A long time ago, a colleague who taught literature remarked that poetry is how we deal with all kinds of emotions--I assumed it includes the emotion of being pissed off. I was reminded of her comment as I picked up a valuable collection that I own: Poems from the Sanskrit. I was certain that the poets of the old country, who used the mother-language of many languages, would not let me down.
They lived up to my expectations.
Varahamihira comforts me with:
The fire of envious critics' tonguesHere is Bharavi:
Refines the true poetic gold.
Should we not celebrate in cheerful songs
Poor fools who give us benefits untold?
To quarrel with them is a loss of face;Finally, Bhartrhari speaks for me in this:
To have their friendship is a sad disgrace;
A man of sterling judgement realizes
What fools are worth, and foolish men despises.
I am not actor, nor a prince's jester,As I appreciated how much these verses consoled and encouraged me, I came across the following by Bhavabhuti, which seems appropriate as an ending to this post:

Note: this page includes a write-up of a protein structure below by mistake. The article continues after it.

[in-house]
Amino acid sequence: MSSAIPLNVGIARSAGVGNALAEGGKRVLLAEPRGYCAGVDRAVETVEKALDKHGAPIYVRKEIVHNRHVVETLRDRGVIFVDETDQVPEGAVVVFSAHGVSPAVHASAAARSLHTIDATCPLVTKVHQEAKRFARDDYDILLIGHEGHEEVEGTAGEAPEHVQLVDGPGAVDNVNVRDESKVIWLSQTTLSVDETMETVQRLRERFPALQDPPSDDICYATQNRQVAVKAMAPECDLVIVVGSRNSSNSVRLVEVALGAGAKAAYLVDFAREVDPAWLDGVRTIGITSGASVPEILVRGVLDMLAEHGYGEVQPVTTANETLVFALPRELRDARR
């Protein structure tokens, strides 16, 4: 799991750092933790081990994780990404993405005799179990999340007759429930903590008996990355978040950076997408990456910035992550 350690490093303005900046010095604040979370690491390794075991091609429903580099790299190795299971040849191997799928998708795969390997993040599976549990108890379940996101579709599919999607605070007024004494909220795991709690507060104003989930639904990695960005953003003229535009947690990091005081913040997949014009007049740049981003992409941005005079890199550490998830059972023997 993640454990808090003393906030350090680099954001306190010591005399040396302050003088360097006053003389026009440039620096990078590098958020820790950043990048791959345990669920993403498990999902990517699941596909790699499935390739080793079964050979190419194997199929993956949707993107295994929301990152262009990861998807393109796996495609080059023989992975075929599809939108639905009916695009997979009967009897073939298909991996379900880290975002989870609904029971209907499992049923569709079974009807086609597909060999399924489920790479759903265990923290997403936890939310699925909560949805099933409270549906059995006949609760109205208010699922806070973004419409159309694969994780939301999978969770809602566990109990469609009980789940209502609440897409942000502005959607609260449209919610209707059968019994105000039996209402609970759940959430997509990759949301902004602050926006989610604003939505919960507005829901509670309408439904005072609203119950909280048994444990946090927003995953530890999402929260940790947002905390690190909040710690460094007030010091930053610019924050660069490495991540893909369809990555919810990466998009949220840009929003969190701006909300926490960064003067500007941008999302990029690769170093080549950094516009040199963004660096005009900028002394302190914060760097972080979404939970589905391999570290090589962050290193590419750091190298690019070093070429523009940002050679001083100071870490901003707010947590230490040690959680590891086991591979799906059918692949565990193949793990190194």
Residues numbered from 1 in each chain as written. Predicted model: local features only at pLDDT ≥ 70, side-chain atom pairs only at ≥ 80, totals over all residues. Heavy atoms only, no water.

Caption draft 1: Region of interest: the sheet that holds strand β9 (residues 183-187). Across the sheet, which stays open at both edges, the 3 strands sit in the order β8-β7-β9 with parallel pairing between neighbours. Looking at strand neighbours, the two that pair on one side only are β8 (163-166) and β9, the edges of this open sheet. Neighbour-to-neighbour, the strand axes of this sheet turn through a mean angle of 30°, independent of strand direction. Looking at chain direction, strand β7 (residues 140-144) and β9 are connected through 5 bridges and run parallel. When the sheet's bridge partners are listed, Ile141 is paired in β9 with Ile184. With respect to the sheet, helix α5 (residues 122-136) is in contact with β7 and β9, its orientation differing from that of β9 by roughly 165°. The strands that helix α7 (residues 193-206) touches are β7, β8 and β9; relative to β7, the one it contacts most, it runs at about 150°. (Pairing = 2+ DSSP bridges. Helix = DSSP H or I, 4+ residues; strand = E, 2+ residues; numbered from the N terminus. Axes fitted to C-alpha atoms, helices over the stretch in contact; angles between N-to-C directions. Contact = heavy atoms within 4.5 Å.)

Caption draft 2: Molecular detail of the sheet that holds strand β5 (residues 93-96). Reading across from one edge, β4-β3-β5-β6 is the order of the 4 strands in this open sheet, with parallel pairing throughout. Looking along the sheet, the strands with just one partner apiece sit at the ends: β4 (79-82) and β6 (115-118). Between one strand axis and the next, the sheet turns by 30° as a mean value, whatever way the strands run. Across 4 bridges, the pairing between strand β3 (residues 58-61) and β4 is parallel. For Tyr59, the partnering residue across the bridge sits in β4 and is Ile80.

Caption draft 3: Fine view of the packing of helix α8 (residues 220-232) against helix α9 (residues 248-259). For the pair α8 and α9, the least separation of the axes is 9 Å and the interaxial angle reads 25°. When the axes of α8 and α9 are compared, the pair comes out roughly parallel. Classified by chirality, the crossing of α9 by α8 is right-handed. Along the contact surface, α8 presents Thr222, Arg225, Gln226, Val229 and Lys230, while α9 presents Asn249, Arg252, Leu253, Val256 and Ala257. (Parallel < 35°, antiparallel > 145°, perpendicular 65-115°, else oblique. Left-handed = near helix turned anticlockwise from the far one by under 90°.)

No king's musician, nor a scheming courtier.
What place at court, then, for a man such as I am?
For neither am I a young attractive woman.
If learned critics publicly derideA big salute to the poets from the old country! I owe much to the scholar-translator John Brough for that wonderful collection.
My verse, well, let them. Not for them I wrought.
One day a man shall live to share my thought:
For time is endless and the world is wide.